Thursday, July 03, 2008

Third Year High School– I did not dance Victoria, I got no red shoes.

Dear insansapinas,

Third Year – I did not dance Victoria, I got no red shoes.
salawikaing tagpi-tagpi
My mother was able to get the death benefits and insurance of my dad. The employer gave us construction materials for our own house in the lot that my father bought before he died.

My mom sold them all to buy a jeepney so we can have regular source of income. Some were used to pay off bills that were accumulated when my father was in the hospital.

When enrollment came, my mother told me the bad news. I had to quit school.
When my mother blurted out the news, my mind became blank for a moment then I cried but I did not let her see me. I did not want to hurt her feelings like what I did to my dad. I did not want to repeat what had happened in the early part of my second year before I learned of my dad’s problem in the workplace.

Because we were financially hard-up, my mom could not give me money for my projects.
I thought that it was just her whim. I thought she was just playing favorite to my brothers. I thought that just because, I was now trying hard to make it good in school, she owed me all the support I need. These are the things that I pushed down the recesses of my mind. I tried to forget my youth’s follies. But I find it as a constant reminder to make me a better person.

There was a point that my rebellious streak drove me to decide to run away and go to my friend’s house. The friend with the grocery. Stupid me. I planned to work as a store helper so I can support myself.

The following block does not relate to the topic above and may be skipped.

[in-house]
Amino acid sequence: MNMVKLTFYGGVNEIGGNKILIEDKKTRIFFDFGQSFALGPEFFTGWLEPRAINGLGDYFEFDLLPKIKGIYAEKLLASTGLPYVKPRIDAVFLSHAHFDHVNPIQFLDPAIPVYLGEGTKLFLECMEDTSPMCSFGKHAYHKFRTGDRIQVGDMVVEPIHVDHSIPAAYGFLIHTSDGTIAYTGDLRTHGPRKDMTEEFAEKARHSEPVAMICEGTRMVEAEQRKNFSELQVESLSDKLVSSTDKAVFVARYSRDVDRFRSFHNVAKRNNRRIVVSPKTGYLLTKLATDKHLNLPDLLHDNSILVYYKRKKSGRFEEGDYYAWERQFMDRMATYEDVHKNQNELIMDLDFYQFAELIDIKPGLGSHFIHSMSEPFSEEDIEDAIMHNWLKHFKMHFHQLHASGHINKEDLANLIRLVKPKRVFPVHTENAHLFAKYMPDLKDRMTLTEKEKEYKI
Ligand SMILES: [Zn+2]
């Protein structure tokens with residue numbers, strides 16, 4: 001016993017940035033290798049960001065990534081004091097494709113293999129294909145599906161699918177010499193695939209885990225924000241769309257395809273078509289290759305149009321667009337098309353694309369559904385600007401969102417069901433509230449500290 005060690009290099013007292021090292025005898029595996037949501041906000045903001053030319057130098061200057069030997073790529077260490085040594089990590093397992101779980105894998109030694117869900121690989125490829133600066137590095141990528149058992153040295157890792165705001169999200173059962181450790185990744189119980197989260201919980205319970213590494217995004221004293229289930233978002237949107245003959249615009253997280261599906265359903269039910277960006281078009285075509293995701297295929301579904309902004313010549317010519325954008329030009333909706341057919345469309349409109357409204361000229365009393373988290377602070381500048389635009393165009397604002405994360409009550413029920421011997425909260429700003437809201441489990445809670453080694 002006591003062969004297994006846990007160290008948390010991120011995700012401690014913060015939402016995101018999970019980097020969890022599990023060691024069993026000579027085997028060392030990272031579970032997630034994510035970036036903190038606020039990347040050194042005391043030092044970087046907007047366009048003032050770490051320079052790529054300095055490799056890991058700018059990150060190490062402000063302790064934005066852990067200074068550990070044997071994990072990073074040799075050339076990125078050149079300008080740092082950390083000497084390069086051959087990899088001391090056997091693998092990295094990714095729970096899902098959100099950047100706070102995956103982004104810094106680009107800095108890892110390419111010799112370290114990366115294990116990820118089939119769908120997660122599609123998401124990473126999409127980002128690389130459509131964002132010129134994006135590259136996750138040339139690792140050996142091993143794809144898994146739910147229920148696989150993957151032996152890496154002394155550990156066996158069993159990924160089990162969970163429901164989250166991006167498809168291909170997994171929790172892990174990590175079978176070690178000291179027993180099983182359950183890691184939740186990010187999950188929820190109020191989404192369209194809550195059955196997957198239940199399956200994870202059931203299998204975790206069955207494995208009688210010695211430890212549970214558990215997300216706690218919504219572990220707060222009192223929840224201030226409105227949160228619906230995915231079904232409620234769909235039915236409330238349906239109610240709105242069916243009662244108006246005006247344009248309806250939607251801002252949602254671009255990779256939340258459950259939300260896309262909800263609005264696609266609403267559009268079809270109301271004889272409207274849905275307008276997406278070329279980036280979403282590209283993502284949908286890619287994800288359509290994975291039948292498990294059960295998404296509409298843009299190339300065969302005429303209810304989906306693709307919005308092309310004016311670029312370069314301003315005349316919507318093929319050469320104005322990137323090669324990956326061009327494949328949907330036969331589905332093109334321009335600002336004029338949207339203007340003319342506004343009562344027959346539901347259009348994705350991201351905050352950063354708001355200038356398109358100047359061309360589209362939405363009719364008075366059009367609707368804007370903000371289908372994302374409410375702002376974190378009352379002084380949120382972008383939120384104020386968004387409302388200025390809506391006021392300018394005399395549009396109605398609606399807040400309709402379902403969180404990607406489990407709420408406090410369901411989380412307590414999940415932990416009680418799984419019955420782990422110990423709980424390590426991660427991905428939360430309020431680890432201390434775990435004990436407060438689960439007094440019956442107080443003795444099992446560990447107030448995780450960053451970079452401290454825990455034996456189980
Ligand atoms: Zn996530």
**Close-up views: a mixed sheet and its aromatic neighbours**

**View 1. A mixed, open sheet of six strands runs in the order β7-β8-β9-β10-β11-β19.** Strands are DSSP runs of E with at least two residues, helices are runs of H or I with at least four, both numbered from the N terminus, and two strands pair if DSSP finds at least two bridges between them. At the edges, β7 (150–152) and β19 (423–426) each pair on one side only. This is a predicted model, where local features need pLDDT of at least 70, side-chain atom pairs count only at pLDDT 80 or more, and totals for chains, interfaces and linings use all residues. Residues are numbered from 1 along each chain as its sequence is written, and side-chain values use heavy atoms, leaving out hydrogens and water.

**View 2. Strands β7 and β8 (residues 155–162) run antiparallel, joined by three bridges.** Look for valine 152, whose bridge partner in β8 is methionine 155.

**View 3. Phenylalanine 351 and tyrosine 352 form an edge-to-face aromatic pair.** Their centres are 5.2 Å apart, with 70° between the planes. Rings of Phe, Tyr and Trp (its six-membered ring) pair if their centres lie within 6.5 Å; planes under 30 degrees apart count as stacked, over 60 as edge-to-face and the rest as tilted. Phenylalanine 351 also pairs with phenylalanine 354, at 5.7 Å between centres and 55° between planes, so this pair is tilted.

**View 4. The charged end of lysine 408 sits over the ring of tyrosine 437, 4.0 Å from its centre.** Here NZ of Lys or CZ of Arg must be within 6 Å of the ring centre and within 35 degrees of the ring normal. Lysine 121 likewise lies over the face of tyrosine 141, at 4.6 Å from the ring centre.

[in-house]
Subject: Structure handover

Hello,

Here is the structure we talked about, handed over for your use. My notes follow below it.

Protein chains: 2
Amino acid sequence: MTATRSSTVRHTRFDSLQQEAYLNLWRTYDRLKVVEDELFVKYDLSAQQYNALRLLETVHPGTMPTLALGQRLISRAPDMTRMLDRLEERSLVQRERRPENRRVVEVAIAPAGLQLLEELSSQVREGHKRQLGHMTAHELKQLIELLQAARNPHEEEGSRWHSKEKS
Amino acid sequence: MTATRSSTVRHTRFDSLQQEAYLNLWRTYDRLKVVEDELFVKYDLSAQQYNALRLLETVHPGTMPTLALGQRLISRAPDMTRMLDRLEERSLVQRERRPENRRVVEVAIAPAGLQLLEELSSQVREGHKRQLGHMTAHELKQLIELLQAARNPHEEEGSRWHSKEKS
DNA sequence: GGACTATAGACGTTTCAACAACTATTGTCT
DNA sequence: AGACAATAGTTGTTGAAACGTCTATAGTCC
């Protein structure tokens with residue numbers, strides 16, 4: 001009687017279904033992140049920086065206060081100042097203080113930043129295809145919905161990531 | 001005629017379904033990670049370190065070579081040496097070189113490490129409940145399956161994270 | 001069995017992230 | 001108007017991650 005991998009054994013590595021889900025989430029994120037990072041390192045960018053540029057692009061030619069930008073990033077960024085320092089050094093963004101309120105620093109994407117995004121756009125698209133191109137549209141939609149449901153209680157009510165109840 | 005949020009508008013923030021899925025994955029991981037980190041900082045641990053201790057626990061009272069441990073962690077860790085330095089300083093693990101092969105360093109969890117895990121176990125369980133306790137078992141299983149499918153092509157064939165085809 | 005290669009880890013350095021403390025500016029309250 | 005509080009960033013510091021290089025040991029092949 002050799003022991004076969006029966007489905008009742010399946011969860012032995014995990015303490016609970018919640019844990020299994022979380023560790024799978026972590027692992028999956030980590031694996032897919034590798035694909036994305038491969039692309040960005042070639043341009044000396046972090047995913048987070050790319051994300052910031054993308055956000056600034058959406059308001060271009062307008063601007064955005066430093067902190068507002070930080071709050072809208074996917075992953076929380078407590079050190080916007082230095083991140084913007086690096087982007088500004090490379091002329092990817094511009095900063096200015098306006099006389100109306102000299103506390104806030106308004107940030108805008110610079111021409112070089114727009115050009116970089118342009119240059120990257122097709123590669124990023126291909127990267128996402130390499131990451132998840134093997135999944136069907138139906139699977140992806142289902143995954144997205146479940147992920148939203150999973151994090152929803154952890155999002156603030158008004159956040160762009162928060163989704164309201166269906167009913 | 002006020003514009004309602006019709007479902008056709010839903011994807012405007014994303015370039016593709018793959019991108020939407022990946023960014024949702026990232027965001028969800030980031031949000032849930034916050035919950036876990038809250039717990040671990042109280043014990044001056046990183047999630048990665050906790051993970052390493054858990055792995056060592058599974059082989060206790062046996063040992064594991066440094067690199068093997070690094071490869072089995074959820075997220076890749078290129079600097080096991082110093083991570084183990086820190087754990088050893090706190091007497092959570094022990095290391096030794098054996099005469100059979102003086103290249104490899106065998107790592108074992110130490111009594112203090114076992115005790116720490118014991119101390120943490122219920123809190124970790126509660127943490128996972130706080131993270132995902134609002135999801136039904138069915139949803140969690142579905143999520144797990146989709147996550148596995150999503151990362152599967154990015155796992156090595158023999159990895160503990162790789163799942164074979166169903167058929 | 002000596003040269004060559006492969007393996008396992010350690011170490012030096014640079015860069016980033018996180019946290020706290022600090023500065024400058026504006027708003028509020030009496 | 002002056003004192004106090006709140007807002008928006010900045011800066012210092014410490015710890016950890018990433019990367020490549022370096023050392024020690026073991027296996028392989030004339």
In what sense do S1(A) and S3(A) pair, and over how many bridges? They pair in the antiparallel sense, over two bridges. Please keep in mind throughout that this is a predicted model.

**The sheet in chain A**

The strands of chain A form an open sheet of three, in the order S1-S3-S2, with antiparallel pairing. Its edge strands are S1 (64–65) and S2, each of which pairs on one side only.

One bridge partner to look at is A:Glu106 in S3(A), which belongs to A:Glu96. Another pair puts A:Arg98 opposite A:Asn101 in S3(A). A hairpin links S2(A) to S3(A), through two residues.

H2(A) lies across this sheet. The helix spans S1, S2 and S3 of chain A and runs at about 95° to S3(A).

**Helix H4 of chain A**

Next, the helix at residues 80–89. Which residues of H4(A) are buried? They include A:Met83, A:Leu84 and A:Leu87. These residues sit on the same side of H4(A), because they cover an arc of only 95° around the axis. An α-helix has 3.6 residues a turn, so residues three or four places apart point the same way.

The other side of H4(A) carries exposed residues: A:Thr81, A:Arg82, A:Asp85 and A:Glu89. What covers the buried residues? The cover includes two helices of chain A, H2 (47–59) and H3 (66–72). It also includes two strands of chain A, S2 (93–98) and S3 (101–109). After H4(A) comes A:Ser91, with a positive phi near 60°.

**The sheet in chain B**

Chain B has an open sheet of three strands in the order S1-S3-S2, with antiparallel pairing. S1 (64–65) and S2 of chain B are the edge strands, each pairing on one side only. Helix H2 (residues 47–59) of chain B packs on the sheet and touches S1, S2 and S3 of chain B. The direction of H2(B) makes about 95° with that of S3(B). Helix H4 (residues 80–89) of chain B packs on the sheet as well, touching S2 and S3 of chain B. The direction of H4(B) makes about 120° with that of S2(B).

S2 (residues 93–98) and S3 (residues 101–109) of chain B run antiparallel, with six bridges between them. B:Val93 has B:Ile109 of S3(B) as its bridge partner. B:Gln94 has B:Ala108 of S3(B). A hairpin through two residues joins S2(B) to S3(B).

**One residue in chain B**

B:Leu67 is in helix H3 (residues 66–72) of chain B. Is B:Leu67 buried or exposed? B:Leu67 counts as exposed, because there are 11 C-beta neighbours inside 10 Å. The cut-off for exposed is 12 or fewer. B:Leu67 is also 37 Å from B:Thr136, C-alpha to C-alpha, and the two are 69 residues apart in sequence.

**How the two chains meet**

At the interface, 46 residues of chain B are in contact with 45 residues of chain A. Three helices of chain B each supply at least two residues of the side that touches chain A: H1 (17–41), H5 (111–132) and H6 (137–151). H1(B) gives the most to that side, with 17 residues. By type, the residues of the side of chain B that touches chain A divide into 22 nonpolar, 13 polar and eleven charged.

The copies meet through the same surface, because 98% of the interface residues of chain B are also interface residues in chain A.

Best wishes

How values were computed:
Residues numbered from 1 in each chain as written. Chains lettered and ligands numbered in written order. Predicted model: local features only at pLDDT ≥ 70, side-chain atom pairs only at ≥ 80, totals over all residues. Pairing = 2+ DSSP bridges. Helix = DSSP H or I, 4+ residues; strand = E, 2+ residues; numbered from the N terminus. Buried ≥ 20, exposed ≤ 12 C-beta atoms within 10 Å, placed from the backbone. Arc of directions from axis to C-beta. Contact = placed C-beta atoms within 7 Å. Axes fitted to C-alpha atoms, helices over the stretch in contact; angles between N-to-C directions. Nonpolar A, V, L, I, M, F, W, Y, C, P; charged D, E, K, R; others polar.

My brother caught me when I was about to step out of the house very early morning. I had put all my books and other personal things in a native basket that was used by a relative in sending us the dried fish from Bicol. It smelled bad. But I did not care.

When my father learned about my plan, he did not say anything to reprimand me. He led me out of the house and asked where I was intending to go so he could bring me there himself. He said he’s sorry that he can’t provide for everything. He’s sorry that he failed me. He asked me if I will be happy with my decision to leave my family who will always be there for me. There was no anger in his voice. There was just bitterness. It was bitterness that he felt that he was a failure as a provider. And I was the one who made him felt of his inadequacy. Honestly, it was not my intention to hurt him. If the competition for honor made my classmate a loony, its effect on me was worse. I became an insensitive person.

The short talk of my father shamed me no end. I turned around and went back inside the house. No talks, no nagging, no punishment, No accusatory tones.
Whenever I remember that incident, I felt guilty. That was months before he died. That was a few weeks before he did not resign even though he was demoted. I knew now how he must have reached that painful decision of choosing not to resign over his hurt pride.
He stayed on even if he was no longer happy in his job. He had responsibilities, us. It must have killed him slowly. I thought what I did add to his worries.

I know he cared for me even he was clinging to whatever was consciousness left when he suffered the stroke. He was calling my name when he was in the ambulance. My elder siblings were never a problem to my parents. They were obedient. They never rebelled.

It was me he was worried about. That he’s going to fail me again. That I would never finish my study. Maybe he prayed that he would not die. And maybe that’s why he never has left me after all these years. Maybe that is why I am writing this

I cannot object to my mom’s decision. She had a lot of burden to carry. She had considerably aged over the past months.

I asked her to allow me to go to school and tell the principal that I was not enrolling that year and request him to reserve my scholarship until I come back when we are already financially stable.

The principal knew me because the vocational teacher who was helping me in the projects was his wife.

He wrote a letter addressed to a certain president of an association. I did not know how to get to the place.

I fetched my friend. The one with the grocery but without a father. She consoled me. She said that my father cared for me while she had no idea whether his father was alive or not. (She was sophomore in UP Diliman when the father came back-- sick and her mother took care of him until he died. She accepted the scholarship in UK to get away from it all).